Small businesses in Indonesia make up a large part of the economy. These mom-and-pop establishments total over 4 million, and their hold over the Indonesian economy has given them a leg up when it comes to emerging investments trends in Indonesia.
The small neighbourhood shops, known as warungs, are often considered the beating heart of the economy because of their dominance of the fast-moving consumer goods (FMCG) retail transactions space. There is now a growing trend towards digitalising these operations with investors finding great value in the once overlooked sector.
The digitalisation of warungs
Many startups have been eyeing up various warungs as future money-makers. One of the country’s most successful eCommerce companies, Bukalapak, has recently presented warungs with a new way to help customers by offering banking facilities. The Indonesian startup will provide small merchants with the tools to open bank accounts for its customers who may not otherwise have access to financial services in this highly underbanked country.
It was also recently announced that Microsoft chipped in an undisclosed sum, along with other investors, to an investment pool of $100 million USD to help Bukalapak grow. The funding aims to help further the startup’s goal to give both consumers and merchants a better buying experience.
Another eCommerce giant, Tokopedia, has joined the drive towards the digitalisation of warungs, and recently announced that they were in talks to secure a $350 million USD investment from Google and Temasek Holdings Pte. Fellow Indonesian unicorn Gojek also recently launched its GoToko service to help warungs digitally connect with manufacturers and grow their businesses.
For small businesses in Indonesia, having the ability to record sales, collect debts digitally, and keep track of all financial aspects of their company, can have a huge impact on how they function and aid potential growth. However, currently, their bookkeeping services have remained largely offline. Some startups in the region are aiming to change the way business owners manage their purchases and incoming profits. One such company, the bookkeeping startup BukuWarung, recently announced that it had secured capital from investors across the globe after their convocation from the U.S tech accelerator Y-Combinator. This investment will help them to grow and reach even more warungs in the country.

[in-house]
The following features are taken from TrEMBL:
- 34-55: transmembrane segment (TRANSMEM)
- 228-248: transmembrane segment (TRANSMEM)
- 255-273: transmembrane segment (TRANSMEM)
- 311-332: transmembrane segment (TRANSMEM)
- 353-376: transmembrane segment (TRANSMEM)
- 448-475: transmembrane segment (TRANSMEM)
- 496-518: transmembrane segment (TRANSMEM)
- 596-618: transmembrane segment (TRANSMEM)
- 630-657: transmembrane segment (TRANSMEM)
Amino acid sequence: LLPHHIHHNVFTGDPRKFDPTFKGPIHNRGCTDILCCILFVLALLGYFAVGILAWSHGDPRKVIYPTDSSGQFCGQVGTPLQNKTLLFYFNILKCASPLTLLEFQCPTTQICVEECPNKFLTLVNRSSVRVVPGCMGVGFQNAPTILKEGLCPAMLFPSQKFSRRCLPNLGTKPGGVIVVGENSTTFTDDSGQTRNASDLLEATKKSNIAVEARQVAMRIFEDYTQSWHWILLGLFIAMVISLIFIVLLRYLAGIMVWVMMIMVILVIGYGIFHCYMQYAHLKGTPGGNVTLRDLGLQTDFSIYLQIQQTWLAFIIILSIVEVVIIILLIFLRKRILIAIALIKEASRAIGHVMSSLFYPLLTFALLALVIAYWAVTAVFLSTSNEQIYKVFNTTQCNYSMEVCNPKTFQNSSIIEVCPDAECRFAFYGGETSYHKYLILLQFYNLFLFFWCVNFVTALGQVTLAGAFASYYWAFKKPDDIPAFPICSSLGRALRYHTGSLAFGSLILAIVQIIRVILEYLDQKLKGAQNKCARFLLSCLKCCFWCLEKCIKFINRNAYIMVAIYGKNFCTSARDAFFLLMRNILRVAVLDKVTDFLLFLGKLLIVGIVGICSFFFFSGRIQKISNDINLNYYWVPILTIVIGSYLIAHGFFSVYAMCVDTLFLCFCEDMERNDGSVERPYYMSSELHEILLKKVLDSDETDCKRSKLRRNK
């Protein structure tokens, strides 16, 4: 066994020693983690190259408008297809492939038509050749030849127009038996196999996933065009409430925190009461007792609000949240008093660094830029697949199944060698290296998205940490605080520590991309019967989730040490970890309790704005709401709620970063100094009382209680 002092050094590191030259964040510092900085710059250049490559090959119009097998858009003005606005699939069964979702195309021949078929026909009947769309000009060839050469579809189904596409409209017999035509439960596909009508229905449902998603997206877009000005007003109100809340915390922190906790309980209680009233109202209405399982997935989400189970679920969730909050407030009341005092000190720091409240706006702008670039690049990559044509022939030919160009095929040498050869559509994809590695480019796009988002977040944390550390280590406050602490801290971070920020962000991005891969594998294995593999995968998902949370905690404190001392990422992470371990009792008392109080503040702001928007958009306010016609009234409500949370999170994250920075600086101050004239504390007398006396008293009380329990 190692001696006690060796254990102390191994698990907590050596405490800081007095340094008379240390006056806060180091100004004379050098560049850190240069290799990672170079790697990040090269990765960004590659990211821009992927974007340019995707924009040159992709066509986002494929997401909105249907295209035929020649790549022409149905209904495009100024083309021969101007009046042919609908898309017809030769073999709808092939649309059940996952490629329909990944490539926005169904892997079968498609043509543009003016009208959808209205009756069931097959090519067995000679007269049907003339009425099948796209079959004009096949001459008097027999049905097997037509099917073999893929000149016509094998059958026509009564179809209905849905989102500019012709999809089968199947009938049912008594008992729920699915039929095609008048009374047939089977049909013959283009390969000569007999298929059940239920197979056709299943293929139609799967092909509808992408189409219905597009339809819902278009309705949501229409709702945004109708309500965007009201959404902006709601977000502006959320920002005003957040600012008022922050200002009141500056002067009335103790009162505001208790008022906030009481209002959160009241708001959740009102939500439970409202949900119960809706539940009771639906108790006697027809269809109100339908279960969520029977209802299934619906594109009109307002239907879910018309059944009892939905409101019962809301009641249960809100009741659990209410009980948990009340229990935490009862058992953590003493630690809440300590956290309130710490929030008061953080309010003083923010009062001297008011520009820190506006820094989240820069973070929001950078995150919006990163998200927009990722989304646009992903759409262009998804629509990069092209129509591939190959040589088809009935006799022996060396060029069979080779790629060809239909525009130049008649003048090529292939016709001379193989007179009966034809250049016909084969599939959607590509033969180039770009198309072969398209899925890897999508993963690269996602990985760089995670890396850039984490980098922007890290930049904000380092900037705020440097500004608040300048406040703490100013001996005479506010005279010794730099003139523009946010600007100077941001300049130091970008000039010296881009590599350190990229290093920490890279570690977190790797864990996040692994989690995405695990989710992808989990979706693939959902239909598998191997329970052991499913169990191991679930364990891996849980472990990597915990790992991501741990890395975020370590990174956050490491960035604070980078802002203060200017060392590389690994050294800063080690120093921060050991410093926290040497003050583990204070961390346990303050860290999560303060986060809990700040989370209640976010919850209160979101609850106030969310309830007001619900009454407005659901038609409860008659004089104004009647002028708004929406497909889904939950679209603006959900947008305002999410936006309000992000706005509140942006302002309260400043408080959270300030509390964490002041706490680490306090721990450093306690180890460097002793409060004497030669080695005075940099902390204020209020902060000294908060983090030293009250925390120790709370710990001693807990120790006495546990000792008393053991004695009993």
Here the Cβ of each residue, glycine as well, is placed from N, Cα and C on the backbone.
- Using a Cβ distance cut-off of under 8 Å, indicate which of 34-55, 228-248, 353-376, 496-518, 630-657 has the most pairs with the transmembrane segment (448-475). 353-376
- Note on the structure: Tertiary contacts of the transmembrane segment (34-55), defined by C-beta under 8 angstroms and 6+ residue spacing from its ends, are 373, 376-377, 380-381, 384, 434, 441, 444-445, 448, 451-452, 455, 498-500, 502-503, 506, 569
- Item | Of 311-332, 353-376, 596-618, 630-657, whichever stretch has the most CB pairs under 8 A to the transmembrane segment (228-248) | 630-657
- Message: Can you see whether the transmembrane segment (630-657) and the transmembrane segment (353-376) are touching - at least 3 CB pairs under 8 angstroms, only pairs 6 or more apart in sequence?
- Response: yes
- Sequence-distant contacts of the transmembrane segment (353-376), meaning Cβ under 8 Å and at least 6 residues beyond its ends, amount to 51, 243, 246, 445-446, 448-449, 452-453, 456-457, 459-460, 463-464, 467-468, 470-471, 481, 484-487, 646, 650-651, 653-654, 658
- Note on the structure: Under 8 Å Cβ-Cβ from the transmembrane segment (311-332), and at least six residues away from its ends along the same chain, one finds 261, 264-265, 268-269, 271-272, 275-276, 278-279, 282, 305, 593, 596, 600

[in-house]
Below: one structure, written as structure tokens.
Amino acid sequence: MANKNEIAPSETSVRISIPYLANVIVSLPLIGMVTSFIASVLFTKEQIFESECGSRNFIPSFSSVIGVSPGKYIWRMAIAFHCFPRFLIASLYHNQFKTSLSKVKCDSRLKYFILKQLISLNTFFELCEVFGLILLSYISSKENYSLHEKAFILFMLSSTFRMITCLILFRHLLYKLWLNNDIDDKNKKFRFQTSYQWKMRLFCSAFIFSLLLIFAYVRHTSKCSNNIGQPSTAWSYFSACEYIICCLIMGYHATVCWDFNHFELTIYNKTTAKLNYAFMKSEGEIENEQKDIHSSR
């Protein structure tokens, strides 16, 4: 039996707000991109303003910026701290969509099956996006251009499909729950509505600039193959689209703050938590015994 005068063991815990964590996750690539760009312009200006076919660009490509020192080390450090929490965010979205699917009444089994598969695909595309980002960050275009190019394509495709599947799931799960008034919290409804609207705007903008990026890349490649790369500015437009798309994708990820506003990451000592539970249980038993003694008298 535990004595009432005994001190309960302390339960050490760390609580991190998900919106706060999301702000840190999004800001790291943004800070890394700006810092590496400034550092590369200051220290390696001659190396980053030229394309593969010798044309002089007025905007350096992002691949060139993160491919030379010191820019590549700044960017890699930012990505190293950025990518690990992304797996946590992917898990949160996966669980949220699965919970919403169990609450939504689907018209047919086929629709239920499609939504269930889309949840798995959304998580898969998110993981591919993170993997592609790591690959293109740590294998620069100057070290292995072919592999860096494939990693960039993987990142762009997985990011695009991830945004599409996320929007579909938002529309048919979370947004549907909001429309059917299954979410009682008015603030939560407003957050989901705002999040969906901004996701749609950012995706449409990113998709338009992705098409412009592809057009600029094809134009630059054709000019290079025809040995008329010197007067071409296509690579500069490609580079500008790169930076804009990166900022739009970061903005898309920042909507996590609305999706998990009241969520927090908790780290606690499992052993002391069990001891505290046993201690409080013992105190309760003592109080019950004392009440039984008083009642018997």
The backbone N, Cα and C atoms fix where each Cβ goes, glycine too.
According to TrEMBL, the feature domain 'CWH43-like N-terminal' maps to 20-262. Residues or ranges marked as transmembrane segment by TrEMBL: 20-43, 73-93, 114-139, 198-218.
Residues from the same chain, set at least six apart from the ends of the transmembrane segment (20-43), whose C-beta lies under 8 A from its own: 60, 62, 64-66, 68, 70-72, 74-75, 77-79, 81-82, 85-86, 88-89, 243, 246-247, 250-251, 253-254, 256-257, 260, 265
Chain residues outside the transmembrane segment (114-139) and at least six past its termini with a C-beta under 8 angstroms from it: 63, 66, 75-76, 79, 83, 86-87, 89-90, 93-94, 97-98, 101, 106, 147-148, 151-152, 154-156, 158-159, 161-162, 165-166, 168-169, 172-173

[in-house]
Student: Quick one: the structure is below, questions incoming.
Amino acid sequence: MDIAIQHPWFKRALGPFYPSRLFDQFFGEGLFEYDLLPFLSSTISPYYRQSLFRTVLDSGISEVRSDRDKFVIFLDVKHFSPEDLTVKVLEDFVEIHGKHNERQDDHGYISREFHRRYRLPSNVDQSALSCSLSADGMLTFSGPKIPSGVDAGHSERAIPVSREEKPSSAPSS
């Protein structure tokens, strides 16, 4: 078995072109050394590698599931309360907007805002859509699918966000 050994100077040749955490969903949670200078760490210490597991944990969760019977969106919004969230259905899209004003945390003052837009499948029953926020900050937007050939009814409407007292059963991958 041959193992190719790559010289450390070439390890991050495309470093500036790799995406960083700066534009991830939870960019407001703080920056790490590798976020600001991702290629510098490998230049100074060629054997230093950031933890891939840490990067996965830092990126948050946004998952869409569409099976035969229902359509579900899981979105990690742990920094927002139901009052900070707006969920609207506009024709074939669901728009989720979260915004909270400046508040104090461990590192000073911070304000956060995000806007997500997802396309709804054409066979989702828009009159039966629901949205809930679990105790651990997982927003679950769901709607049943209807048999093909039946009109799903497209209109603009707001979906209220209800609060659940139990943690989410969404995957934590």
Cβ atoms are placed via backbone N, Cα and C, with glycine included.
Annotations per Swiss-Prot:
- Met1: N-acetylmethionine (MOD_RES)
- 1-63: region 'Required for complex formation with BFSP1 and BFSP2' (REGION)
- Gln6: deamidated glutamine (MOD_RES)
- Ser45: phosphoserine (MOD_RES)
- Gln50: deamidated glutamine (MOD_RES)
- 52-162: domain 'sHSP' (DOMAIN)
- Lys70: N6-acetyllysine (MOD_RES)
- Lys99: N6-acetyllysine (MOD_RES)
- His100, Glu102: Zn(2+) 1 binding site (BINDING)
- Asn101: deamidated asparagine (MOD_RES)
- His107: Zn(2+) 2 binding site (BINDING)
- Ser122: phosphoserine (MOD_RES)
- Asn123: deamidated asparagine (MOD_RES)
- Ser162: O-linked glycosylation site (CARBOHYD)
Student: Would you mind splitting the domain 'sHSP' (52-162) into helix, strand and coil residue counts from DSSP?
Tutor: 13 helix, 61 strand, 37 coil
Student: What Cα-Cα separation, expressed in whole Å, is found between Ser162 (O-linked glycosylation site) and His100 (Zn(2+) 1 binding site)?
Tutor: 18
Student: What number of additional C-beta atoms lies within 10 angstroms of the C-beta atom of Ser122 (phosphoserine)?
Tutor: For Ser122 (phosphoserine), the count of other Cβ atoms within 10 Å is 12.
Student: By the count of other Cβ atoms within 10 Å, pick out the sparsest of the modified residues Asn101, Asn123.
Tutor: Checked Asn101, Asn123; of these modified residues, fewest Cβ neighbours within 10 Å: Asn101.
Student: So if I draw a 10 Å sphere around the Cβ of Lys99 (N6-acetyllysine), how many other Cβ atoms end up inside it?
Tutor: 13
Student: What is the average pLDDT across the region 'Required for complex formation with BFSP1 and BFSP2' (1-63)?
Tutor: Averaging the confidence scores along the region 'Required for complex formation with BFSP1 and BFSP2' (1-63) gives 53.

BukuKas has also thrown its hat into the ring when it comes to providing bookkeeping assistance for small shops in Indonesia. It raised $9 million USD in a pre-Series A funding in August of 2020 to enhance its digital bookkeeping services, designed to make financials run smoother, and increase the success of the small business in the region.
Tech and the mom-and-pop scene
The current lack of digitalisation in Indonesia makes the area a certified hotspot for future investments and advancement. Up until now, warungs have had to focus all of their supply chain efforts on traditional forms, but Ula aims to change the way they do business. The young startup got a major boost with $10.5 million USD in seed investment in June 2020. Ula gives mom-and-pop shops the ability to manage stock better and obtain some capital.
Street food vendors are also feeling the impact of this latest trend in investment. One particular startup, Wahyoo, aims to digitise how roadside sellers operate and keep track of their business. The company helps vendors to save money on supplies and offers a loyalty points system for vendors to win prizes and promotions. This small business secured $5 million USD in a Series A Funding round in August 2020.
An investor hotspot
The COVID-19 pandemic could irrevocably damage the economic prosperity in the region. However, the recent digitalisation of small and medium-sized enterprises (SME) in Indonesia has ignited a steady stream of activity and attention from all types of tech startups. According to the World Bank, SME enterprises in Indonesia accounts for around 89% of the workforce and 57% of the country’s overall GDP.
With the floodgates beginning to open on the tech scene in Indonesia, the importance of the small businesses in the region has never been more apparent. Many Indonesians still prefer to shop at their local grocery store and make face-to-face interactions, and that’s impossible to do through eCommerce. In light of that, many startups and investors have looked at how to enhance digitalisation throughout the region while supporting, not disrupting warung services.
The currently emerging investment trends in Indonesia are focusing on ways to enhance traditional styles of shopping experiences instead of replacing them altogether. As small businesses in Indonesia make up a large portion of all retail experiences, and this is unlikely to change anytime soon, getting involved in the success of warungs is a wise strategy for investors hoping to get in on the ground floor of the growing fintech and eCommerce scenes.